In the meantime, a raft of new economic measures will increase the tax burden on ordinary Ukrainians, while at the same time radically reducing public spending. Wolff and Malyarenko observe that Zelensky’s parallel efforts to combat corruption among the political and military elites will need to bear some obvious fruit if Zelensky wants to continue to bring the Ukrainian people with him.

James Horncastle, of Simon Fraser University in British Columbia, meanwhile, believes that while Ukraine has suffered setbacks over the past six months or so, it can still prevail. But he stresses that they will need to be given the tools to do so.

He also believes that Zelensky, for all his admirable leadership qualities, has backed his country into a corner by maintaining his maximalist stance: refusing to countenance any peace deal which doesn’t involve his country regaining every metre of its territory before 2014, including Crimea. As a result, he argues, Ukraine’s military has found itself bogged down in places such as Bakhmut in the country’s east, losing far too many troops for small rewards.

The key, he writes, is that Ukraine redefines its immediate goals – a return to the pre-February 2022 borders would be appropriate. And then works out exactly what it will take in terms of western military aid to achieve that initial goal. And a rethink in Ukraine’s western-oriented military doctrine to counter Russia’s “defence in depth”, which will require more artillery rather than fast-moving mechanised brigades, is also appropriate.

Do they know it’s Christmas?

Until the middle of last year, most Orthodox Christians in Ukraine celebrated Christmas in early January, according to the ancient Julian calendar, which was discarded by most of the western world in the 16th century. Accordingly Ukrainians celebrated Easter and other important religious festivals and saints days at different times as well.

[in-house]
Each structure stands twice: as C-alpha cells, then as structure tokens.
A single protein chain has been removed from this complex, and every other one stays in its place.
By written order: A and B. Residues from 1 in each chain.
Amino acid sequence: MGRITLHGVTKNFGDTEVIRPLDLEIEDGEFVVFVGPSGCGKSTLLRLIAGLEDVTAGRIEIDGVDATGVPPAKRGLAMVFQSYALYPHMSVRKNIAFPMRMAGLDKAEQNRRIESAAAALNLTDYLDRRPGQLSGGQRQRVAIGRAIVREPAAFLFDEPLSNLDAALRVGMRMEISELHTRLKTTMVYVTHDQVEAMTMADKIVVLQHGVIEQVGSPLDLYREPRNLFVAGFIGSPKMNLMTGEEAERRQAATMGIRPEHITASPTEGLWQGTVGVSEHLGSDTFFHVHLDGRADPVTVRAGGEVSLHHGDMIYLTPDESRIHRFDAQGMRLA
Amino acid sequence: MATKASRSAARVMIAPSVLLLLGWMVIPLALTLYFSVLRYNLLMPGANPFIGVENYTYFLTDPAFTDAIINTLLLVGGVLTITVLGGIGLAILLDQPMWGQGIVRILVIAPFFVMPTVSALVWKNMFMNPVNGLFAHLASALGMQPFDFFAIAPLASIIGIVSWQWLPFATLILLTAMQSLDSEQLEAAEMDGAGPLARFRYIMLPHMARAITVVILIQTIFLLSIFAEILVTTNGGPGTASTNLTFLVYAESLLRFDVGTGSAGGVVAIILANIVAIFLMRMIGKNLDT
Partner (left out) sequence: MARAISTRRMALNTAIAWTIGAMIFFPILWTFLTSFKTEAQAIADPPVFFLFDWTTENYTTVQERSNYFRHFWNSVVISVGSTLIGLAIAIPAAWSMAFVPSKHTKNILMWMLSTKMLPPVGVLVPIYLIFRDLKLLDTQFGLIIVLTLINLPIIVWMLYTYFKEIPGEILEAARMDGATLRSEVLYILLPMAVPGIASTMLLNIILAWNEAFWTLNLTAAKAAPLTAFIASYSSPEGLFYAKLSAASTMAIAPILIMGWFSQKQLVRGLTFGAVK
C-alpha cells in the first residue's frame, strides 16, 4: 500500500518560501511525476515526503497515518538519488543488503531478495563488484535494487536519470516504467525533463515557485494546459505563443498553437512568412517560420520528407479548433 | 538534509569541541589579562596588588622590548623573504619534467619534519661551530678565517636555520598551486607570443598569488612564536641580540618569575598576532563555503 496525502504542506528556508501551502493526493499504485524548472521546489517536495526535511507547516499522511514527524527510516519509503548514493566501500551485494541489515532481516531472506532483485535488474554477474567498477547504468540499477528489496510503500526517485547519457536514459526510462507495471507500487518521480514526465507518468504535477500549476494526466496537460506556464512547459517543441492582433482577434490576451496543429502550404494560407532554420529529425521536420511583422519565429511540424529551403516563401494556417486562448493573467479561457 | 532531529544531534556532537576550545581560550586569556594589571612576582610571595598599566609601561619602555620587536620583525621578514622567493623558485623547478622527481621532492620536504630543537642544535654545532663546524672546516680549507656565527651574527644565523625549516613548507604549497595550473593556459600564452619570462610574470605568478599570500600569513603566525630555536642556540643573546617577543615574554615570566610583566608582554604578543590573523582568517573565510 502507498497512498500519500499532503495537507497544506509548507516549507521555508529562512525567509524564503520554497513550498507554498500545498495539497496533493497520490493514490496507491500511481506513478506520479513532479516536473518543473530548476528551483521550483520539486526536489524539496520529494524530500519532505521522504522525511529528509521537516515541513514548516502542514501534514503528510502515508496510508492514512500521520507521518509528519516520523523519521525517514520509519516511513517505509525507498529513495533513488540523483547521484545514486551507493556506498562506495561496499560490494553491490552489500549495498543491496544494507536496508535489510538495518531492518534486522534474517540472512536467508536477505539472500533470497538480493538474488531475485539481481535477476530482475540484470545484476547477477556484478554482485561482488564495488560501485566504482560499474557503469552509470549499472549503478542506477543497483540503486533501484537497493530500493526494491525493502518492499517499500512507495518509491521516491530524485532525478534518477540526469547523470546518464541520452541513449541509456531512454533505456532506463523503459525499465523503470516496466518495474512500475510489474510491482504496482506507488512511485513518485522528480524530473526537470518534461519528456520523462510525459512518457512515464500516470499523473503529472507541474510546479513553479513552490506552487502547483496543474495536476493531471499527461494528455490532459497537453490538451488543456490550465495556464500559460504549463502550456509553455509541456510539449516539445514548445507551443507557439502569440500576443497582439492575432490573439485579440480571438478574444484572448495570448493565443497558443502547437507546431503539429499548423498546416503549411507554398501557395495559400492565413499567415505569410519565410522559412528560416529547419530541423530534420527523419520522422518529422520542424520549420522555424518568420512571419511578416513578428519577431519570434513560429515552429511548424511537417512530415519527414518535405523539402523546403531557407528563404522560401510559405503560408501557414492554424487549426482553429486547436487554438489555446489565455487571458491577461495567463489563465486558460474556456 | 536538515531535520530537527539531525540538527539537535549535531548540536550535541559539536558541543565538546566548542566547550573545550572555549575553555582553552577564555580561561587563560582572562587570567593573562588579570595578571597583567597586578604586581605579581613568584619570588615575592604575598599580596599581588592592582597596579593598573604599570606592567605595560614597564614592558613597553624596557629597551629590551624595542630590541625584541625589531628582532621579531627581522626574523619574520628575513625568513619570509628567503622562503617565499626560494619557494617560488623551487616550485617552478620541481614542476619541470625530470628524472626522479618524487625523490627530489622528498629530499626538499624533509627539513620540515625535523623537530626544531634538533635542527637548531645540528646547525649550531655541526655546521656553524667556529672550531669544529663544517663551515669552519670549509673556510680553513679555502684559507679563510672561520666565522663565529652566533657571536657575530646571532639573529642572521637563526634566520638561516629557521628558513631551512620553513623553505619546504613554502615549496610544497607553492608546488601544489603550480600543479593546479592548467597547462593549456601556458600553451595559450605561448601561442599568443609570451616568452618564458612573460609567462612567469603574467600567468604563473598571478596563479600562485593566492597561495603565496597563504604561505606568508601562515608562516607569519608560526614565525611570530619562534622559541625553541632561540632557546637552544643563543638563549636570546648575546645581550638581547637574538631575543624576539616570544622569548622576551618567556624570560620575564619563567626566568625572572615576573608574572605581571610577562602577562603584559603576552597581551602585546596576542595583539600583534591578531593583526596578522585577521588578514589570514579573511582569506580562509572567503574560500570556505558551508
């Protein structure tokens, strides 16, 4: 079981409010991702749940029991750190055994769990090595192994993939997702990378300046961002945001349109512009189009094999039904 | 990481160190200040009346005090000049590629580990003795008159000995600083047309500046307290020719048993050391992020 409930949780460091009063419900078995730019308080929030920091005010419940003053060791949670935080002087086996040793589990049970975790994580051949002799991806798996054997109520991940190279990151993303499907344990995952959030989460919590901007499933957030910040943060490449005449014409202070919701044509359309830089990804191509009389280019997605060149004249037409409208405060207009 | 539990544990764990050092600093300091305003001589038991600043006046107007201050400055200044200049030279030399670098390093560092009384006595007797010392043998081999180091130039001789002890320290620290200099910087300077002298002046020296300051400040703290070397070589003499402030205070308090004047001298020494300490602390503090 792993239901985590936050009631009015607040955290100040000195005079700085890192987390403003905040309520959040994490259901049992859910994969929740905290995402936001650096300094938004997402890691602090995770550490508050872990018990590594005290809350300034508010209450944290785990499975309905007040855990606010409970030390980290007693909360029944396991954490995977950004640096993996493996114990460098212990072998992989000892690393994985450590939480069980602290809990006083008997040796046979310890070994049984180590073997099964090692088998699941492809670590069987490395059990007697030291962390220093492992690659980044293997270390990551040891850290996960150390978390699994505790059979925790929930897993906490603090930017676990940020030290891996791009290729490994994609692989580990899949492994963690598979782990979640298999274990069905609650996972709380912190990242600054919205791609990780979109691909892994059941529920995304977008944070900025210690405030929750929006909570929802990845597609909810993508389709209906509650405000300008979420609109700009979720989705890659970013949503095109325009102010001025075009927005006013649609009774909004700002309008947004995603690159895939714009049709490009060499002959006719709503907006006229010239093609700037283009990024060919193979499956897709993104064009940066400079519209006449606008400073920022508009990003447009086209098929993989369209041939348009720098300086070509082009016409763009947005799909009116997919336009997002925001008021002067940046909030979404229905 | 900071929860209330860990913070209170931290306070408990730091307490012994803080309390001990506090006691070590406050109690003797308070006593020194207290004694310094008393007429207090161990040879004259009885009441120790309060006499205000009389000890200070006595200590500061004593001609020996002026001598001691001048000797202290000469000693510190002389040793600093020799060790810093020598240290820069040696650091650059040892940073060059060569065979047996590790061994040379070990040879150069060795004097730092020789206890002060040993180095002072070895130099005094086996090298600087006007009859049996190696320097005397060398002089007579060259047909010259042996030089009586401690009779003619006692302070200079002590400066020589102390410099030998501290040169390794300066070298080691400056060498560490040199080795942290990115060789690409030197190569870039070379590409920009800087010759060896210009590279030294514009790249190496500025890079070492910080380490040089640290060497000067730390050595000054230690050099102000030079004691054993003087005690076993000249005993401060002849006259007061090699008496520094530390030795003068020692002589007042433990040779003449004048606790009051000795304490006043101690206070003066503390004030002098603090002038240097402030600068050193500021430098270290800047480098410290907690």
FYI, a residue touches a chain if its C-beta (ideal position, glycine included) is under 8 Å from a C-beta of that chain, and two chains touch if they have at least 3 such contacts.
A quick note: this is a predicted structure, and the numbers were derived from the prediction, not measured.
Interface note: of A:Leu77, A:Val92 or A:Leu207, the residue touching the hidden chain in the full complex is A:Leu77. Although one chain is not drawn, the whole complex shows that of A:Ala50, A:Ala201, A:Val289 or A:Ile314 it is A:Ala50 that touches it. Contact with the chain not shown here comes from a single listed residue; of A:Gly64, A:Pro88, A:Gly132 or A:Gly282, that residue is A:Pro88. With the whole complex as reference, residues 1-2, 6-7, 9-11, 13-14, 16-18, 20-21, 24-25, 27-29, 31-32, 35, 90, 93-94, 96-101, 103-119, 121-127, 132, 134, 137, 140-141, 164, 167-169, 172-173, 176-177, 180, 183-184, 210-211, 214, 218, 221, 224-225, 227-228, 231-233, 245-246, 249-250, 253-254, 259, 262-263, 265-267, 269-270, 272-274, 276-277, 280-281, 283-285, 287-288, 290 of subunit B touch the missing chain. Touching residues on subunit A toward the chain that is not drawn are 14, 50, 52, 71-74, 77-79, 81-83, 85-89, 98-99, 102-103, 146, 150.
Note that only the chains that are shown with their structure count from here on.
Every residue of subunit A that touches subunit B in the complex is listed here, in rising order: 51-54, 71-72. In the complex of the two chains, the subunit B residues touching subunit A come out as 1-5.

But in May 2023, the Ukrainian government took the decision to adopt the revised Julian – what we know as the Gregorian – calendar. It was part of a move to break away from the authority of the Moscow Orthodox Patriarch Kirill, whose slavish support for the Putin regime and the war in Ukraine was intolerable for most Ukrainians – certainly in the west of the country where the sense of nationalism has traditionally always been stronger.

But this is by no means popular with all Ukrainians, writes Chris Hann of the Max Planck Institute for Social Anthropology – especially those families who may have members who pay allegiance to different branches of the church. As Hann reports, the old religious calendar survived the Soviet era, but has now been swept away by decree from Kyiv. In a country divided in its outlook between east and west, this reform is not without its risks.

Ukraine Recap is available as a fortnightly email newsletter. Click here to get our recaps directly in your inbox.The Conversation

Jonathan Este, Senior International Affairs Editor, Associate Editor, The Conversation

This article is republished from The Conversation under a Creative Commons license. Read the original article.

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Since Vladimir Putin sent his war machine into Ukraine on February 24 2022, The Conversation has called upon some of the leading experts in international security, geopolitics and military tactics to help our readers understand the big issues. You can also subscribe to our fortnightly recap of expert analysis of the conflict in Ukraine.